This paper examines Monica Pavani’s ‘ferrying’ of the (Q/q)ueen’s voice in The Uncommon Reader by Alan Bennett across languages/cultures in the light of translation as a creative form of writing. The focus is on the translation of ‘style’, which is used here as a rough equivalent of Halliday’s ‘tenor’ and may be intended in a context of literary sociolinguistics as variation within a specific character’s language use, i.e. as intra-character variation according to addressee. Looked upon in this way, style can be said to represent the central component in the construction of each character’s social identity and specific language choices thus become indexes of different levels of closeness/inclusion and distance/exclusion and community-belonging. Translation of such choices across languages irremediably results into building up different identities and social relationships in target texts, thus often making the same book speak different languages across different cultures. The overall aim of the paper is to show how, while the recent focus on feminist intervention certainly helps to detect certain practices of “hijacking”, recourse to the tools of literary sociolinguistics can contribute to become aware of other, (sometimes) less overt, forms of text re-appropriation and re-purposing.

When the same book speaks two different languages. Identity and social relationships across cultures in the Bennett/ Pavani text of The Uncommon Reader. Ripubblicato, in versione ridotta, in Di Martino E (2013). Verdwenen homoseksuelen (uit het Engels vertaald door Henri Bloemen). [Omosessuali spariti. Traduzione in neerlandese di Henri Bloemen] FILTER, vol. 20, p. 19-26, ISSN: 0929-9394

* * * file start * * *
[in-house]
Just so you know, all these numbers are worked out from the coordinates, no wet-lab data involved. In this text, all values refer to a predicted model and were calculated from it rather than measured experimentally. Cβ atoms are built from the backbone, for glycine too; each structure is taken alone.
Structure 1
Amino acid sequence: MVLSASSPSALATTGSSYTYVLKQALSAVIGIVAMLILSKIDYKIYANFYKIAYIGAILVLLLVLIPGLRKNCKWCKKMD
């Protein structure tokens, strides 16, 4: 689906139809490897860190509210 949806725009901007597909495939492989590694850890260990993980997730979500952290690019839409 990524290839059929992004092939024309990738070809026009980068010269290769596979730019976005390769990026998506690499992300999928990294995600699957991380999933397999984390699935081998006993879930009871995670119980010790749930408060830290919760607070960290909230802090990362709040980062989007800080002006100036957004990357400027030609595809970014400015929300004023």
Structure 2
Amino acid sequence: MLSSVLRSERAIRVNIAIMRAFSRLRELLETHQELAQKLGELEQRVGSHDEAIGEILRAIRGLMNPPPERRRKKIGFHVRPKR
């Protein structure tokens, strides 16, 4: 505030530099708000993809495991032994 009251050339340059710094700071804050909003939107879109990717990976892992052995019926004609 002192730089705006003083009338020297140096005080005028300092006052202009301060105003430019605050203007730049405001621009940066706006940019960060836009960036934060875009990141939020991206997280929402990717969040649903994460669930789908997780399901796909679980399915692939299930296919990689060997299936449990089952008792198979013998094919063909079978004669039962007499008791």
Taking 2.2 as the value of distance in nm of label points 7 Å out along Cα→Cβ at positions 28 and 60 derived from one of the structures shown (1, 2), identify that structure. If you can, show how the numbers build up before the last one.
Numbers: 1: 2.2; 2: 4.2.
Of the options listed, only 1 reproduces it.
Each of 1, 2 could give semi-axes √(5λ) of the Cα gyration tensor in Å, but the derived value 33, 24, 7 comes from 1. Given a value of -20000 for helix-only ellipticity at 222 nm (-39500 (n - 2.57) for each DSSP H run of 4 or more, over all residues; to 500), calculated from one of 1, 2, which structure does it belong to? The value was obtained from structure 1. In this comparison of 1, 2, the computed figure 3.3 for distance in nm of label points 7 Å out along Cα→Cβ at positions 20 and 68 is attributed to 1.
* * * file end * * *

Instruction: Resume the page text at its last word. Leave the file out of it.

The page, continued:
DI MARTINO, Emilia
2012

Abstract

This paper examines Monica Pavani’s ‘ferrying’ of the (Q/q)ueen’s voice in The Uncommon Reader by Alan Bennett across languages/cultures in the light of translation as a creative form of writing. The focus is on the translation of ‘style’, which is used here as a rough equivalent of Halliday’s ‘tenor’ and may be intended in a context of literary sociolinguistics as variation within a specific character’s language use, i.e. as intra-character variation according to addressee. Looked upon in this way, style can be said to represent the central component in the construction of each character’s social identity and specific language choices thus become indexes of different levels of closeness/inclusion and distance/exclusion and community-belonging. Translation of such choices across languages irremediably results into building up different identities and social relationships in target texts, thus often making the same book speak different languages across different cultures. The overall aim of the paper is to show how, while the recent focus on feminist intervention certainly helps to detect certain practices of “hijacking”, recourse to the tools of literary sociolinguistics can contribute to become aware of other, (sometimes) less overt, forms of text re-appropriation and re-purposing.
Literary sociolinguistics; Language choice; Intertextuality
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Utilizza questo identificativo per citare o creare un link a questo documento: http://hdl.handle.net/20.500.12570/2165
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